Gracie Miranda is open seven days a week, and has multiple classes for both kids and adults on every day except Sunday. But Jiu-Jitsu doesn’t end once class is over.
Since Gracie Miranda’s opening, Brazilian Jiu-Jitsu has become a lifestyle for many in the Sutherland Shire. Time off the mats is often spent thinking about time on the mats. We become addicted to improving and learning. There are always new technique variations to learn and self defense situations to think about.
Inevitably, we find ourselves prowling the internet for BJJ tips and tricks. That leads us to YouTube Jiu-Jitsu.
YouTube Jiu-Jitsu is a powerful tool, with BJJ masters from around the world showing their techniques to anyone with an internet connection. But it has to be used wisely.
Expertise from Sutherland to Shanghai
The benefits of using YouTube for Jiu Jitsu, as with any martial art, are many. It’s an almost infinite reservoir of information that can show you tricks to make you more confident with self-defense or help boost your competition game.
This is especially true when you’re a white, blue belt or purple belt, since black belts from around the globe share their BJJ tips on YouTube. Not all black belts are created equal — and Gracie Miranda, as part of the Gracie Humaita lineage, has particularly high belt standards — but if you’re a BJJ novice, advice from any black bet will almost certainly be of use to you.
Such advice can often go a far way, particularly since it’ll be from another curriculum. One of the difficult parts of Jiu-Jitsu is gauging your progress because everyone is learning with you. All your training partners are learning the same submissions, passes, sweeps and self-defense techniques as you are. Adding some techniques foreign to your academy, for example a sweep from a Shanghai YouTuber brought back to Sutherland Shire, can help you stay competitive on the mats. It can also help you prepare for what you may come across in a competition scenario.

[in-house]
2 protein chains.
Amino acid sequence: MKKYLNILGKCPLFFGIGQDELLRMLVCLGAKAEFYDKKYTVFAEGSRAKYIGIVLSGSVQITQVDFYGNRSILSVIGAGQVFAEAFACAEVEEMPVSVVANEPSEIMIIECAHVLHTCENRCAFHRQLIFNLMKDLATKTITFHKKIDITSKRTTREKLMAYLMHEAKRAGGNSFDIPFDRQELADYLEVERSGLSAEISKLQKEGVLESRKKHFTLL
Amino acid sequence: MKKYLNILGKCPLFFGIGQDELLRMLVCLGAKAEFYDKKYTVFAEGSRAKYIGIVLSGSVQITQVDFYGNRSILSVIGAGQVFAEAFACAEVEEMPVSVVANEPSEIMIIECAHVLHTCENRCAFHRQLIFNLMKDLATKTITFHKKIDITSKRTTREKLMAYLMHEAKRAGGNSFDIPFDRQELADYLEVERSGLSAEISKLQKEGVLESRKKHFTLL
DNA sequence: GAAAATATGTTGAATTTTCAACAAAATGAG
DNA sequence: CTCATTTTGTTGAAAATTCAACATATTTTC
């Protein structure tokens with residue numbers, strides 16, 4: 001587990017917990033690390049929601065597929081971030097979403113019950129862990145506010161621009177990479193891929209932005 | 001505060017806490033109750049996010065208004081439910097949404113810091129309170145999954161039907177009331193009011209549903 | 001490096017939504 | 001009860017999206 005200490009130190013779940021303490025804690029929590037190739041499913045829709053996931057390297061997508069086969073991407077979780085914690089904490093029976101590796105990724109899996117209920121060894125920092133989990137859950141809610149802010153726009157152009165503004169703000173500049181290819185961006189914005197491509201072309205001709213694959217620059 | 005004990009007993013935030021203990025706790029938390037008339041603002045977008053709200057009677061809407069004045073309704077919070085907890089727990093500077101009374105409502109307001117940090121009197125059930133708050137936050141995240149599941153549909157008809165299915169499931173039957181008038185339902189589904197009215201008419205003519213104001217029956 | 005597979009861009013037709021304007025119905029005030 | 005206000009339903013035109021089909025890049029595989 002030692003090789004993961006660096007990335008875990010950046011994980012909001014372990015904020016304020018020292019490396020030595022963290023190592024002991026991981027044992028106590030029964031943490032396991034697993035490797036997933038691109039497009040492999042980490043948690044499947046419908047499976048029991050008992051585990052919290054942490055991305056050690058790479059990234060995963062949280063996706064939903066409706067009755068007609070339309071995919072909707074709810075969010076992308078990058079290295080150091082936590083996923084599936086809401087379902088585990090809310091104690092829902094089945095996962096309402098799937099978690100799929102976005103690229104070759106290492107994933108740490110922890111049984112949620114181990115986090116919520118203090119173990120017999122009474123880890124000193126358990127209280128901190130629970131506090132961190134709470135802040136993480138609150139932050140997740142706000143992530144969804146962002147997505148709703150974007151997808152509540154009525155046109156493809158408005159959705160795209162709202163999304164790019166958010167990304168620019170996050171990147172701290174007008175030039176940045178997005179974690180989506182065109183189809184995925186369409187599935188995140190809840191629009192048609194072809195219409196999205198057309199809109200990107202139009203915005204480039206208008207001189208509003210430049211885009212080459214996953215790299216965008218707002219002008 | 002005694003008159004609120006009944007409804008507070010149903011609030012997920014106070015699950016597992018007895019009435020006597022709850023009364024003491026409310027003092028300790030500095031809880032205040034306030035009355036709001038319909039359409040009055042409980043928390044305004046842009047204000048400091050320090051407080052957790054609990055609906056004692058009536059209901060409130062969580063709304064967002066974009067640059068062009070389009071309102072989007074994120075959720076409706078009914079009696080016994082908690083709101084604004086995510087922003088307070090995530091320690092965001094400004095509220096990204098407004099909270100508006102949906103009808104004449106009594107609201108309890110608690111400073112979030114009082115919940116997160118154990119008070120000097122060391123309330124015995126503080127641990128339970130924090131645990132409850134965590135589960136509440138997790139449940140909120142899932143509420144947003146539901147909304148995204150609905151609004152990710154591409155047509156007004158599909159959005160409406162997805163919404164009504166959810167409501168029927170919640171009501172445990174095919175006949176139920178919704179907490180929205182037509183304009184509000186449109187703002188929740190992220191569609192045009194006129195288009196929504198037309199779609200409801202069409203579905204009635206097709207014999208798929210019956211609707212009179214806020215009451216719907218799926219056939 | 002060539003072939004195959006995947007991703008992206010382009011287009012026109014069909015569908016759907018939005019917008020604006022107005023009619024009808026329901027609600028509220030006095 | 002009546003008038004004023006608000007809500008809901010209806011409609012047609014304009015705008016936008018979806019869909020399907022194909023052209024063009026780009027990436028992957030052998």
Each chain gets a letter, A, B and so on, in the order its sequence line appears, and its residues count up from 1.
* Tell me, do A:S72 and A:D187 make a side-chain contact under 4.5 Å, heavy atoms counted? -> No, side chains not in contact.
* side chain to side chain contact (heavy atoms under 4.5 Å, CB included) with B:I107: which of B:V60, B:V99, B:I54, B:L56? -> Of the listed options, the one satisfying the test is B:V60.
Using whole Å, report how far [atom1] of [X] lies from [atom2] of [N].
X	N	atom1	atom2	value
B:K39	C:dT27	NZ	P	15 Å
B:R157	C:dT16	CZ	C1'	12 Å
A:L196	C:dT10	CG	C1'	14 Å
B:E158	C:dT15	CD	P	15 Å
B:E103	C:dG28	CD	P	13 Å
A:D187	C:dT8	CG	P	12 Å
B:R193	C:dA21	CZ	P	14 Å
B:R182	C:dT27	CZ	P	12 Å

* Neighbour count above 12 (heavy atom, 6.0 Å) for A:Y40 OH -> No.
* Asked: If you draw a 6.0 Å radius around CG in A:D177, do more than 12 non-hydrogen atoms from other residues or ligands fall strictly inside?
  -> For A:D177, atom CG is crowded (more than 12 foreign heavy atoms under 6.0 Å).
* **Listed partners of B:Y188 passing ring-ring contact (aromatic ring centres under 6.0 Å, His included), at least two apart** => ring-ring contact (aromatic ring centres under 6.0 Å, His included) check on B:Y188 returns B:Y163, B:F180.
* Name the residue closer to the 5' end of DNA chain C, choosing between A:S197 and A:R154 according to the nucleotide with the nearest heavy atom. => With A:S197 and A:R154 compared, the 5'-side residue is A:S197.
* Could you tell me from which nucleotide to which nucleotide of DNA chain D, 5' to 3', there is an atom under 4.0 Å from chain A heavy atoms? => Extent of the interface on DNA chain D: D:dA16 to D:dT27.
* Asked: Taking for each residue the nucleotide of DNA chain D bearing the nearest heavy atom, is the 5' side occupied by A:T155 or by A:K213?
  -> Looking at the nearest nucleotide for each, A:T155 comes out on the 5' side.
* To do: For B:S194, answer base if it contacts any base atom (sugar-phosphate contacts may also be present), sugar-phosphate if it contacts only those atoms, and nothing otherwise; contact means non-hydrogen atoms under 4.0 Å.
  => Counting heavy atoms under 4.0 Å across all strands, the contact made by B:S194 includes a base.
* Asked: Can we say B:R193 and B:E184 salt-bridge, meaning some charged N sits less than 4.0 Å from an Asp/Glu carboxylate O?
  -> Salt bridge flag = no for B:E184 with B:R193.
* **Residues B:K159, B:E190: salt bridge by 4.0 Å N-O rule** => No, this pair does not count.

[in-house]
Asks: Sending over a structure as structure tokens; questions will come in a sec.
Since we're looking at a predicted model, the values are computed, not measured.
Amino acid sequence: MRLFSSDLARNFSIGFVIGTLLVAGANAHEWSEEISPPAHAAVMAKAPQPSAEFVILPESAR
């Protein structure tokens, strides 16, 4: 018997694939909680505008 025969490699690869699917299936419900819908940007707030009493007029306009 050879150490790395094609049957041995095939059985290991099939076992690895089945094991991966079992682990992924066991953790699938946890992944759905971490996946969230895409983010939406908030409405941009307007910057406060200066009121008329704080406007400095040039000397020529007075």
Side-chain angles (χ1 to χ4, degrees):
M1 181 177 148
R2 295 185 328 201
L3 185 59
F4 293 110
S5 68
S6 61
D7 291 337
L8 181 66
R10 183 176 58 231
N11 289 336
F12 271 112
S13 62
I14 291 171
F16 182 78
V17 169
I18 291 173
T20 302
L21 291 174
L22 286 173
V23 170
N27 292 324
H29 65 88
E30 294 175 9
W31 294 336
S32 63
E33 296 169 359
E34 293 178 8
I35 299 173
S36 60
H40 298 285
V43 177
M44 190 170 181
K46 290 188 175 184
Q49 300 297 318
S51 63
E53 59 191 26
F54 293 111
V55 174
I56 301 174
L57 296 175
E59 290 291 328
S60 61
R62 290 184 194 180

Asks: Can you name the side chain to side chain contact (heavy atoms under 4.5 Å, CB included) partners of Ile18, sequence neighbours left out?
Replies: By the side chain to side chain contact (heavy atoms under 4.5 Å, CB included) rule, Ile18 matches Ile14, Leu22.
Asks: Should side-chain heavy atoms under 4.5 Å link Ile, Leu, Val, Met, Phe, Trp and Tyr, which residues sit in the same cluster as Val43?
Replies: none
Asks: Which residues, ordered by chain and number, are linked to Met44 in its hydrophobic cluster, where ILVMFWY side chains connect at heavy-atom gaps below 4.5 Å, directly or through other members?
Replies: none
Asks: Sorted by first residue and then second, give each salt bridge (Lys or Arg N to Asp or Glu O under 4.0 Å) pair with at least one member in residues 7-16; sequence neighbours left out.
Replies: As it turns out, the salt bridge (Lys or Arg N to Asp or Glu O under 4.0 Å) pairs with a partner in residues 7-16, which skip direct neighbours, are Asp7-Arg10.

Finally, YouTube Jiu-Jitsu can confer a huge benefit to people with crazy schedules who simply can’t make class three or four or five times a week. Some of Gracie Miranda’s most enthusiastic students are ones who, despite their excitement, are only able to train once or twice a week.
For this group, having a resource like YouTube can be incredibly helpful.
How YouTube can hurt
Ultimately, YouTube is a tool. Any tool in any trade can be overused. Many of the benefits offered by YouTube BJJ are potential double-edged swords.
The BJJ community is generally an honest and caring one. Most of the practitioners sharing their expertise online genuinely want to help other people — or promote their gym by helping people. But there are some fraudsters who peddle ineffective techniques and approaches that a white belt may not see through but which a veteran grappler would know to be wrong.
If you see a technique on YouTube, it’s often a good idea to run it by one of Gracie Miranda’s coaches, or any purple, brown and black belts who may be around. Learning off YouTube as a white belt is a good idea, but running techniques by experienced grapplers can stop a bad technique from becoming a bad habit.
Similarly, integrating techniques from YouTube into your game can help you in rolls with your academy training partners. However, you should never rely on the element of surprise in Jiu-Jitsu. The fundamentals are essential, and focusing on timing, precision and hip movement is how you truly improve your game.
Gracie Miranda offers dozens of classes a week for the simple reason that time on the mats is the most important aspect of progressing in BJJ. YouTube is a valuable resource — but remember to use it wisely, and to never rely on it.
If you’re in the Sutherland Shire area and are interested in learning in real life instead of the internet, come down to Gracie Miranda for a free trial lesson.
Author – Daniel Van Boom